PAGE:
Risottos entered my repertoire in a big way after a long-ago trip to Venice during Carnevale (Venetian Mardi Gras). I delighted in the masked and costumed crowds of people that I joined every time I boarded a vaporetto or walked along the bustling streets that cold, gray week in February. The crowds ambled slowly, but I walked fast, always headed for a restaurant, this one for risotto with radicchio, that one for seafood risotto, another for risotto with wild mushrooms. I was on a mission to eat as many different types of risotto as I could during my one-week stay.
A main dish made for dinner parties
Upon my return I made all of those risottos, and it soon became my most frequent impromptu dinner party fallback dish. On Italian menus, risottos accompany pastas and soups in the primi or first course section, but on my table they’re the main event. I try to have chicken stock in my freezer and my pantry well-stocked with starchy short-grain Italian rice, either arborio or Carnaroli. Then I can make risotto with whatever I find in my refrigerator or pantry, be it as simple as an onion, a couple of zucchini or a can of tuna, or as luxurious as a truffle. In the absence of chicken stock, I make a quick stock by simmering whatever I’m going to use in the risotto for a little while in salted water.
Risottos fall into my file of template recipes that I always make the same way. The vegetables or seafood that I stir into the risotto define the dish. They’re usually at least partly cooked and seasoned before I begin the rice, unless it’s a seafood risotto. I don’t hesitate to impulse buy at the farmers market because I can always use a given vegetable in a risotto. If fava beans and asparagus look wonderful, for example, I’ll buy a couple of pounds and know that if I don’t use them for anything else, that’s where they’ll end up. Even humble vegetables like carrots and leeks can become elegant in the form of a creamy risotto.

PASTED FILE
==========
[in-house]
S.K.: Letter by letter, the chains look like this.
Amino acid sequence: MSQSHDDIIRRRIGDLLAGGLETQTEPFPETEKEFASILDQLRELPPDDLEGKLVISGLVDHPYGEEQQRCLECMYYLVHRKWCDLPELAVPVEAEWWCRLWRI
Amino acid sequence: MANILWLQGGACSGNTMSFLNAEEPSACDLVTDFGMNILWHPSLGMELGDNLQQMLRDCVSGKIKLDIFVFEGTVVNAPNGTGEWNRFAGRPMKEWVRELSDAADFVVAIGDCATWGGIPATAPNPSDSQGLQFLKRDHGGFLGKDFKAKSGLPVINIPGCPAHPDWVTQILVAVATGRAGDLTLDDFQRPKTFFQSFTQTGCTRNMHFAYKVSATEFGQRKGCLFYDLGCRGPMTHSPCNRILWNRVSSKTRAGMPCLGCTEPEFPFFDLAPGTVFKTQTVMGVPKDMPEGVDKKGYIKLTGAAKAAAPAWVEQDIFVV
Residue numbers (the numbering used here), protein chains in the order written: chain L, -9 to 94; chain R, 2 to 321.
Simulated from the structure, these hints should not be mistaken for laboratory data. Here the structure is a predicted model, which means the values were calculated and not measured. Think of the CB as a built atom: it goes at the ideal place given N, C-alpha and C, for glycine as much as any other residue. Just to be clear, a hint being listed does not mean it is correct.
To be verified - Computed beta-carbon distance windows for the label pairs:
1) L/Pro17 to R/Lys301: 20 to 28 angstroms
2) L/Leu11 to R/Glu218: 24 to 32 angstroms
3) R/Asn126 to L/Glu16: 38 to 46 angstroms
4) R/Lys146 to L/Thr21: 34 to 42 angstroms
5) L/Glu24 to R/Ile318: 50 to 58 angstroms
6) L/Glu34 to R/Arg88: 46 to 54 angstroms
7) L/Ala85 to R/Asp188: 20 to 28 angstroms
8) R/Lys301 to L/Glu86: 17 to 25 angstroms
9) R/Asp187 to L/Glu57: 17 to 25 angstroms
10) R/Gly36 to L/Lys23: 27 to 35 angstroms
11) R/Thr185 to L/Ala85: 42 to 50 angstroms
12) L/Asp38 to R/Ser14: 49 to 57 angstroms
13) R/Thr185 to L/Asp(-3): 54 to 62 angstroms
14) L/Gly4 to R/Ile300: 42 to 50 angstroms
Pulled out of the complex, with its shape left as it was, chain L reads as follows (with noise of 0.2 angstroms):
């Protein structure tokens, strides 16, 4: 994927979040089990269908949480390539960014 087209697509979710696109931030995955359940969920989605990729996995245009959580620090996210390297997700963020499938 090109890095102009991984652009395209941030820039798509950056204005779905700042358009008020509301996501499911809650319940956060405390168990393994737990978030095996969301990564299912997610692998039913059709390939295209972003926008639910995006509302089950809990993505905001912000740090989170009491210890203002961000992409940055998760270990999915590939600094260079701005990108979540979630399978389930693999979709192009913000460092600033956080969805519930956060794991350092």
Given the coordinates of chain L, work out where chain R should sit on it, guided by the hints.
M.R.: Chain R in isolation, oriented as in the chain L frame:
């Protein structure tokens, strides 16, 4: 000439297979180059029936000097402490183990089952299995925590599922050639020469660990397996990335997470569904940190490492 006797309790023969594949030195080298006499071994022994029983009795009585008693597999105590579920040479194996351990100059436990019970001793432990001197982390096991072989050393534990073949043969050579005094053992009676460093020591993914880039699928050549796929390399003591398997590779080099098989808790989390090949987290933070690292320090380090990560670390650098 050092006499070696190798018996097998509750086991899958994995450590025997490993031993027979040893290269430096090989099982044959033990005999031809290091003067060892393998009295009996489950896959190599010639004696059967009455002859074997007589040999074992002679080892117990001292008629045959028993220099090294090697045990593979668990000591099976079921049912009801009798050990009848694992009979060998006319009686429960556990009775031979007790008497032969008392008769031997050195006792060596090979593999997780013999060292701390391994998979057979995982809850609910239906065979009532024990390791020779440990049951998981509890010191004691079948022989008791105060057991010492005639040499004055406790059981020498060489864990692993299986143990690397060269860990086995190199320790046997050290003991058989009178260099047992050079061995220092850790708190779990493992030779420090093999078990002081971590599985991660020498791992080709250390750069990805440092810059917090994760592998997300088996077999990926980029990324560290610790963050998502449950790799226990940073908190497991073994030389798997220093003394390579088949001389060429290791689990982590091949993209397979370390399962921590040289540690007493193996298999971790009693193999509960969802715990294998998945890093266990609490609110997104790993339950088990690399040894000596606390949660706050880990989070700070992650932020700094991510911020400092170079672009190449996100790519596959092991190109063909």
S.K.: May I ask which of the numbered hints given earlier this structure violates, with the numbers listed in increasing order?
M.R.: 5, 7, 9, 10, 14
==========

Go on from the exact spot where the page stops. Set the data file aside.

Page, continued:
I usually avoid ordering risottos at restaurants (except in Venice). Chefs tend to be heavy-handed, stirring in lots of butter at the end of cooking, and they often overcook the rice, which will continue to absorb moisture after it’s pulled from the heat. It’s one of those dishes that cannot wait once it’s ready; every moment that a finished risotto sits adds a degree of stodginess.
The creaminess of a risotto doesn’t have to have anything to do with butter and cream. It’s the starch in the rice that gets released into the broth as you stir it during its slow simmer that makes the dish creamy. Adding lots of butter at the end to me is overkill. A last ladleful of well-seasoned stock and an ounce or two of freshly grated Parmesan are all you need to enrich a properly made risotto.